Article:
ForTwo: Pretty Smart Or Obviously Dumb?

September 19, 2007 at 2:50 pm Leave a comment

It’s chic, affordable, fuel efficient and small. Are you amenable to the saying that big things come in small packages? Then, how would you adjudge the Smart ForTwo?

Some say it’s pretty smart. But other aficionados say the car’s obviously dumb!

What’s your verdict?

“Americans are begging for this car,” said Smart USA President David C. Schembri. To be more exact, it’s Americans living in cities along both coasts that seem most interested in getting a Smart, which starts at $12,000 and gets about 40 mpg.

Newsweek’s Tara Weingarten talked to Schembri about everything that’s Smart. Excerpts are as follows:

Q: In America bigger is better. People think it means safer, even if that’s not true. Who wants a bite-size car?

David C. Schembri: I love this question. The logical conclusion to that question is that we should all be driving locomotives or 18-wheelers. The answer is we should all be getting smaller, as every other market in the world has done, for a variety of reasons including safety, economy, environmental and urban congestion issues.

Q: Yeah, but really people aren’t forsaking the SUV. So are you dead meat if you’re hit while driving a Smart?

DS: Any time you’re hit by an SUV it’s a dangerous situation. It doesn’t matter what you’re driving. But the Smart will work hard to protect you. The safety management system of the Smart is a safety cell, a reinforced steel cage that acts very much like a NASCAR roll cage. And there are standard safety features that are usually found only in luxury automobiles, like the electronic stability program, four front airbags, including head and thorax protection, ABS brakes and something called electronic brake-force distribution that helps the car stop fast. This is a tough car. It’s David vs. Goliath.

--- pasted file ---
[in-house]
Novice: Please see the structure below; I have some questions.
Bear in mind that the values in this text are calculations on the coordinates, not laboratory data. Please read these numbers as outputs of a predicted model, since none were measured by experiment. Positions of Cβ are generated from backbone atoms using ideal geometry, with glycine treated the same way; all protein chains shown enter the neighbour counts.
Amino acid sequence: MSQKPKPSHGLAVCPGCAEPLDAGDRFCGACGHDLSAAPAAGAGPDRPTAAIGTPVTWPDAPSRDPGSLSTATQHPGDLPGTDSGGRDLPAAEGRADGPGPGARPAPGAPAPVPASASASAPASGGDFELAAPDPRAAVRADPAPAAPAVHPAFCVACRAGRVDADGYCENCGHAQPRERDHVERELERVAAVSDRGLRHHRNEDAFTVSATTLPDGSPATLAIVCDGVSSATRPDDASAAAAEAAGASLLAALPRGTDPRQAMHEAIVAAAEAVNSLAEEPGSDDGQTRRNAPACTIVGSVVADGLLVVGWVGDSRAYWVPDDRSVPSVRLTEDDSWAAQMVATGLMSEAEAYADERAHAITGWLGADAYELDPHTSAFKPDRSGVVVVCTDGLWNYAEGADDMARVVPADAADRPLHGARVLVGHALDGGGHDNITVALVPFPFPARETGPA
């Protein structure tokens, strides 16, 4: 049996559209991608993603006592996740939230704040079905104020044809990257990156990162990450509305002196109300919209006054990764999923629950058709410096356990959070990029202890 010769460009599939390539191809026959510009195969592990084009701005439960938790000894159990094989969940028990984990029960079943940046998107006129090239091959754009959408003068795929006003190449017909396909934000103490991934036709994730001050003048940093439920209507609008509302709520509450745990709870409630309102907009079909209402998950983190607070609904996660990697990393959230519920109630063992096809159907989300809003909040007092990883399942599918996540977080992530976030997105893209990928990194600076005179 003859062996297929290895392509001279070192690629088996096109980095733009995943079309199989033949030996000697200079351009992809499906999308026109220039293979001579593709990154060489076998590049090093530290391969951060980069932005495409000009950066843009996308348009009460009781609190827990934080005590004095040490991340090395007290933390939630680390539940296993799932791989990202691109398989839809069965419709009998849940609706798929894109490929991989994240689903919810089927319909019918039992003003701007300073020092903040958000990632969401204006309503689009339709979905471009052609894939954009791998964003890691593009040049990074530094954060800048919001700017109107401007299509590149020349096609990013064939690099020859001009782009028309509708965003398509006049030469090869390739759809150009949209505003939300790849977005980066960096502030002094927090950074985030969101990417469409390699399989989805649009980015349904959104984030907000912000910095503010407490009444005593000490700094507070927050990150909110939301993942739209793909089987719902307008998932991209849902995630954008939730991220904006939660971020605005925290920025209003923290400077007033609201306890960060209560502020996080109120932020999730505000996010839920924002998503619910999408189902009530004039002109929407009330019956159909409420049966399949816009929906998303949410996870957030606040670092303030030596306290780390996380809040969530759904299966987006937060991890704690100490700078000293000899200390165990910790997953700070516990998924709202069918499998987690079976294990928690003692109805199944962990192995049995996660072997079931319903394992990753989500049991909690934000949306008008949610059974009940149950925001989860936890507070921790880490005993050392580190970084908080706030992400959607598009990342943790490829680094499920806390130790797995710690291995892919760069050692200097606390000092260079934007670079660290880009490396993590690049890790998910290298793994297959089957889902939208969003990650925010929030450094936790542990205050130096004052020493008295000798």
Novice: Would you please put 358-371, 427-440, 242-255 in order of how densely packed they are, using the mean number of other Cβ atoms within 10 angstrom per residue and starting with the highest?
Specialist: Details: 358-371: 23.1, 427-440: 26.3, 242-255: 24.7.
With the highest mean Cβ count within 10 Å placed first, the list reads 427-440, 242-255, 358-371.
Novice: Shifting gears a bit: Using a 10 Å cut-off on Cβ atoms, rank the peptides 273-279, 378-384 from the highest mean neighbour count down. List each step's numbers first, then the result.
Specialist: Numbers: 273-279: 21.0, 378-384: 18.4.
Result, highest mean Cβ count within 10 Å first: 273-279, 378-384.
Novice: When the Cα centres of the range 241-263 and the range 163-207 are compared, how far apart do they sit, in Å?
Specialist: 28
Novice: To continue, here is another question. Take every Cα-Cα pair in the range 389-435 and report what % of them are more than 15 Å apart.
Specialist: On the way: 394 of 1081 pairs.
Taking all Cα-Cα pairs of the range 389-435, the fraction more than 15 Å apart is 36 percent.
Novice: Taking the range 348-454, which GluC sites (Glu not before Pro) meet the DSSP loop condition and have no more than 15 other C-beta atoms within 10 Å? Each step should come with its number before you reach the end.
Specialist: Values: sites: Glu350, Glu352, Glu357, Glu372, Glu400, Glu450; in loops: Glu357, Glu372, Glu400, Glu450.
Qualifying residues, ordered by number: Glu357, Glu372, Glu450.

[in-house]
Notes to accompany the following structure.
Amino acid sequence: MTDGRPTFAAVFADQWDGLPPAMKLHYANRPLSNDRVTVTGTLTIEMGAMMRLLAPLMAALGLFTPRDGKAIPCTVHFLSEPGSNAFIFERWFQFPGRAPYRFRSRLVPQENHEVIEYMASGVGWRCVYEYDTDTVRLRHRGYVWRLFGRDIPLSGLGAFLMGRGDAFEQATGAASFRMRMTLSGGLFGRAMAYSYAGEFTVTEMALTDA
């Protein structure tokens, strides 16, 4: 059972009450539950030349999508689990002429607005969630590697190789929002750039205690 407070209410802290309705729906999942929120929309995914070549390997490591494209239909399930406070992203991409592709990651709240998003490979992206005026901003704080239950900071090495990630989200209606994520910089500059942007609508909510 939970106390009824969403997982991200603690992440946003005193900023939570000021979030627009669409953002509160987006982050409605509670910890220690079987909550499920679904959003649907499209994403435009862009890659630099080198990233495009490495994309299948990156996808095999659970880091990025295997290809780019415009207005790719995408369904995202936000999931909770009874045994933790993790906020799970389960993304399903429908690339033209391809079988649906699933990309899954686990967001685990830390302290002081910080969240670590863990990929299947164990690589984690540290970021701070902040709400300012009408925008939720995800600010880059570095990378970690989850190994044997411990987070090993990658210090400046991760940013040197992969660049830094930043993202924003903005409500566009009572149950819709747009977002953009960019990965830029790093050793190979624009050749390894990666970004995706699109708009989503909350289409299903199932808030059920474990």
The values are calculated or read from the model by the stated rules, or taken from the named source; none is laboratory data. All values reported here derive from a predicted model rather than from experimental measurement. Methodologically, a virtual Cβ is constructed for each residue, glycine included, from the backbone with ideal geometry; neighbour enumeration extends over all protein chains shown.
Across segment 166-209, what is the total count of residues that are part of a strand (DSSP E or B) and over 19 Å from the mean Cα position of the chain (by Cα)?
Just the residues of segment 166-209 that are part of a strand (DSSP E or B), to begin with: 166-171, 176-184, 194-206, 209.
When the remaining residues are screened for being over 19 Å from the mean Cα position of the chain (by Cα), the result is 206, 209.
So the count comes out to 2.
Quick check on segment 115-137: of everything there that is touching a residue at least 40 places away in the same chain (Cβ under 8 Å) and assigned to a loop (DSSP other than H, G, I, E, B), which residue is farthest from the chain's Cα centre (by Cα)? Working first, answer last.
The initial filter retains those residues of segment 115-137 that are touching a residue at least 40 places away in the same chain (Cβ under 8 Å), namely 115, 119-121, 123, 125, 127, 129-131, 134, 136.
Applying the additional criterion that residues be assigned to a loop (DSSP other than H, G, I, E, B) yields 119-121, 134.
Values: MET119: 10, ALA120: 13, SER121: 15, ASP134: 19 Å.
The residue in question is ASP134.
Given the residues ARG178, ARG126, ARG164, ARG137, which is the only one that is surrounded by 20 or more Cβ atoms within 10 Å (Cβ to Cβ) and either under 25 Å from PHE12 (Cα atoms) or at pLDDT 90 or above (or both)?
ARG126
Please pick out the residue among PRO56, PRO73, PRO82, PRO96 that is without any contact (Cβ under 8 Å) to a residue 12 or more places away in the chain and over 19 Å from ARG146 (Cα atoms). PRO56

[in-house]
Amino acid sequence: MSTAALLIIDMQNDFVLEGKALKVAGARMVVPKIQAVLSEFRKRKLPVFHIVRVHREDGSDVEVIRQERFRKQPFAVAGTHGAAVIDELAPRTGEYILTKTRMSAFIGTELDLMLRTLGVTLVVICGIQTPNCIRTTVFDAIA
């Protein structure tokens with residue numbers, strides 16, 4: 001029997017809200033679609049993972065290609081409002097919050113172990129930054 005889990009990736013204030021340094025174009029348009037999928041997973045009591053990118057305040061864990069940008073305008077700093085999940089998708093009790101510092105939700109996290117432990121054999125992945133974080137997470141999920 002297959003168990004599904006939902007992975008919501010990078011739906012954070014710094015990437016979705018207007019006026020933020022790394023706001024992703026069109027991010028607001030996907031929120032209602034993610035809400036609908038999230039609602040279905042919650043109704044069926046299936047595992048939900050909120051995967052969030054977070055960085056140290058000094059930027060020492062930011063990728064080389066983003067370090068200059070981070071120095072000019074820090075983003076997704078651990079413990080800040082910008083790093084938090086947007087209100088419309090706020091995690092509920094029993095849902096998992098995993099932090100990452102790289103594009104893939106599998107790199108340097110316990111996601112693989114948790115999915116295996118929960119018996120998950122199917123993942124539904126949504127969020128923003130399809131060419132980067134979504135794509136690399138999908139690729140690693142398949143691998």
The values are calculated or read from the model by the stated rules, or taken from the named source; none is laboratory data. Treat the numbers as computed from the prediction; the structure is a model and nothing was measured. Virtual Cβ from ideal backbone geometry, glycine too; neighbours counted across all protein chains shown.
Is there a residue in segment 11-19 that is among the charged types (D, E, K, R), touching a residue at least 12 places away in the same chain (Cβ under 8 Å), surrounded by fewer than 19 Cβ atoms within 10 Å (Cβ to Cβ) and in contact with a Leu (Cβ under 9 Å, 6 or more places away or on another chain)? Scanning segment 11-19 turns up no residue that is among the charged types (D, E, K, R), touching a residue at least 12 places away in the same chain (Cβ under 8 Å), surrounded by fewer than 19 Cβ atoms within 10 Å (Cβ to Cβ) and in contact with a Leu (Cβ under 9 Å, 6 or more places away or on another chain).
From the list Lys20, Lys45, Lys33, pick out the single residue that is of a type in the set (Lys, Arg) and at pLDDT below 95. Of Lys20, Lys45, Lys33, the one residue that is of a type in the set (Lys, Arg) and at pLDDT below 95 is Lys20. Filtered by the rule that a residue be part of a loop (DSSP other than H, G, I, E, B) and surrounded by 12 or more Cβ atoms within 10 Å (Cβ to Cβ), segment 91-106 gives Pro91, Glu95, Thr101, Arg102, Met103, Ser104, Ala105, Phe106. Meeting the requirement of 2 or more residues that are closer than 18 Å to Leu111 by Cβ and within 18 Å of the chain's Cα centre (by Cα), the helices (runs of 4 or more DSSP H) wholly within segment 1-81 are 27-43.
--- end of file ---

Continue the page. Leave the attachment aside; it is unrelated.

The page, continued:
Q: A recent Consumer Reports review of Smart claims it’s a very unsafe car. If you say it’s got all these safety features, what gives?

DS: They tested a car that was never intended for the American market. It was a European version and doesn’t have many of the stringent safety specs that are required here in the States. There are about 90 new parts on the American version that were not on the version Consumer Reports tested.

Q: Is this just a do-good-mobile that’s all marketing hype?

DS: Smart is light, just 1,750 pounds, and we’re seeing about 40 mpg combined city and highway driving, though it’s not yet rated by the EPA. You feel good driving it, and you start to feel a sense of social responsibility from it. I equate it with other natural resources. If you’re in a restaurant alone, you wouldn’t order dinner for five, would you? Why drive a car large enough for five people if you’re just driving alone? You can help out other drivers by taking up a smaller parallel parking space, consume less fuel, thereby helping the environment, and feel great about it. Why is that bad?

Make a smart choice.

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